Cultural Discourse looks at a broad range of cultural issues.
12th October 2014

Under Suspicion by Boris Groys

71lSkq2hiXLUnder Suspicion: A Phenomenology of Media by Boris Groys

A Review by John David Ebert

Boris Groys’ book Under Suspicion: A Phenomenology of Media is a book that was published in German in 2000, and was recently translated into English in 2012 by Columbia University Press. In many ways, it is a kind of sequel to his earlier 1992 book On the New, which I have reviewed on this site below the present entry.

In that earlier book, Groys had made the binary distinction between the two spheres of what he called the realm of cultural values (composed of cultural archives in the form of museums, libraries and other such institutions) and the realm of the profane, a sort of extra-cultural Other from which “the new” is always drawn, since every truly innovative work maintains a tension between a profane element and a dialogue with previous cultural values and models. The “value boundary” between the two is always being stretched and reevaluated as each new work of art challenges its previously held assumptions and forces it to integrate more and more of the profane, while earlier values may slip out of the archive into a demoted “profane” status.

In the new book, now, Groys shifts his attention to the realm of cultural values, where he finds yet another polarity that is internal to the realm of culture itself: the archives, which now have a slightly less “material” connotation than the previous book (since it is not “books” that are in the archives but rather “texts” and not “paintings” but rather “images”), are composed of what Groys terms “sign carriers,” (essentially his term for “media”) which have a sort of surface world of signifiers which he terms the “medial surface.” But this realm of medial surfaces is opposed by a sort of medial unconscious which Groys terms “sub-medial space,” which is a realm that, according to him is always “under suspicion” as harboring a kind of intra-subjectivity that he terms “the sub-medial Other.”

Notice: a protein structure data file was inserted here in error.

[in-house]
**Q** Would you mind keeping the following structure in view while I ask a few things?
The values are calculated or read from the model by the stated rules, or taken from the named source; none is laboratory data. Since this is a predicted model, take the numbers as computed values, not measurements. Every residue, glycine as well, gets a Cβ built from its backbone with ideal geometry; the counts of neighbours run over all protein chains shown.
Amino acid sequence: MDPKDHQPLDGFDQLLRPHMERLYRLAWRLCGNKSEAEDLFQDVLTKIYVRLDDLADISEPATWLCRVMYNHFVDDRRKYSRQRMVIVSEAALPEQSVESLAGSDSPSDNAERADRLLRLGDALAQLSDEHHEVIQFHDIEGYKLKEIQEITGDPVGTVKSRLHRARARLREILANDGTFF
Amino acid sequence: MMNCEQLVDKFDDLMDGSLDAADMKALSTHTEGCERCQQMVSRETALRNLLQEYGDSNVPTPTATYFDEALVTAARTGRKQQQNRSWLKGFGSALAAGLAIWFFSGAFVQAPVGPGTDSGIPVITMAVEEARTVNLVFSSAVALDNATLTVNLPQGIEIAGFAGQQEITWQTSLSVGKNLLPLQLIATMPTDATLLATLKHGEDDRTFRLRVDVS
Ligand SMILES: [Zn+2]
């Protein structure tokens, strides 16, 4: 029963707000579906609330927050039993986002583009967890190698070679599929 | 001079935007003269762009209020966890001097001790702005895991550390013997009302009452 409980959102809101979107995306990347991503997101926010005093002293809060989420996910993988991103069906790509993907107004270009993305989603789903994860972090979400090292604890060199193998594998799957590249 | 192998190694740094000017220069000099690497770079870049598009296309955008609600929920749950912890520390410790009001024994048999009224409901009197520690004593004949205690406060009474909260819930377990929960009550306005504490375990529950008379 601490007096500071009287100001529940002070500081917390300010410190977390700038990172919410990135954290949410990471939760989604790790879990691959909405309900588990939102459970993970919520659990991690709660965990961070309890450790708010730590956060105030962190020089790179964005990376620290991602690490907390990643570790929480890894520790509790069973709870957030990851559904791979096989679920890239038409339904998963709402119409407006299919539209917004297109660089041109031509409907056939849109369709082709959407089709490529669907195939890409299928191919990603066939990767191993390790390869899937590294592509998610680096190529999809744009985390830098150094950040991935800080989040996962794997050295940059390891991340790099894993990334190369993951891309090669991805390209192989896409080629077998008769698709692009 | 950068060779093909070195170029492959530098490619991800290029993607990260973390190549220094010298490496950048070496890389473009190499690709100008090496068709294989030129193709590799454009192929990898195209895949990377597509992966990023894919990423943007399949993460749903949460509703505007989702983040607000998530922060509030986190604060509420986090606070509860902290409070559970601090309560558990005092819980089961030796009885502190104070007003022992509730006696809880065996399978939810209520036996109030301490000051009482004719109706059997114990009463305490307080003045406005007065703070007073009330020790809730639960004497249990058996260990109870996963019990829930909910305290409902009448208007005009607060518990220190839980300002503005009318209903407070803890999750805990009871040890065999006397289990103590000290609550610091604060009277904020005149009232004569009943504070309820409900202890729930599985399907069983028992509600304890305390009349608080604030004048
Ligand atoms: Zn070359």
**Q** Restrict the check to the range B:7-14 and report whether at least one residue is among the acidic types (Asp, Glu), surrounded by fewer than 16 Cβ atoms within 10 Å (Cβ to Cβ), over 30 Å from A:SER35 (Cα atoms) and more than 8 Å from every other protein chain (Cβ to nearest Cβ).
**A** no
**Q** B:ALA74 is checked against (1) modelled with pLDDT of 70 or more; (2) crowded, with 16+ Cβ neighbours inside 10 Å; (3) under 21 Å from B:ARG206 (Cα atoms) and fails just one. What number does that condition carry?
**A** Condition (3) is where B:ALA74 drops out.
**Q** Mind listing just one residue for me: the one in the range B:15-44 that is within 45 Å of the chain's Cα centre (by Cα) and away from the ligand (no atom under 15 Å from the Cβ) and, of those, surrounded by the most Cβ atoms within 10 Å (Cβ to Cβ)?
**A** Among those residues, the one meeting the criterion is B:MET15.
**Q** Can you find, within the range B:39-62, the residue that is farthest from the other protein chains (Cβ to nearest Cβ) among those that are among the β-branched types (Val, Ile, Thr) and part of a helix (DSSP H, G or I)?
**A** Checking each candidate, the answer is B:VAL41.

The sub-medial Other is easy to grasp when we think of it in terms of the imagery of popular movies: in Steven Spielberg’s Poltergeist, for instance, it is only when the daily programming is turned off (hence the medial surfaces disappear) that a portal to sub-medial space opens up inside the television set from whence the sub-medial Other in the form of the various spooks that haunt the family emerge. In the Alien films of Scott and Cameron, the aliens are themselves depicted as hostile Others who have emerged from the depths of sub-medial space to trouble the protagonists with their sheerly aggressive and non-communicative attacks. (From Zizek’s Lacanian point of view, however, the aliens of these movies are incursions from the Real that destroy symbolic systems).

Thus, the realm of medial surfaces–the pages of books, the surfaces of paintings, the latest video gadget–is normally “under suspicion” as harboring a sub-medial realm beyond it from whence the medial surfaces themselves are thought to have emerged. There is always a certain paranoia regarding the ontological nature of this sub-medial space and how it is characterized by the various acquisitions into the cultural archive.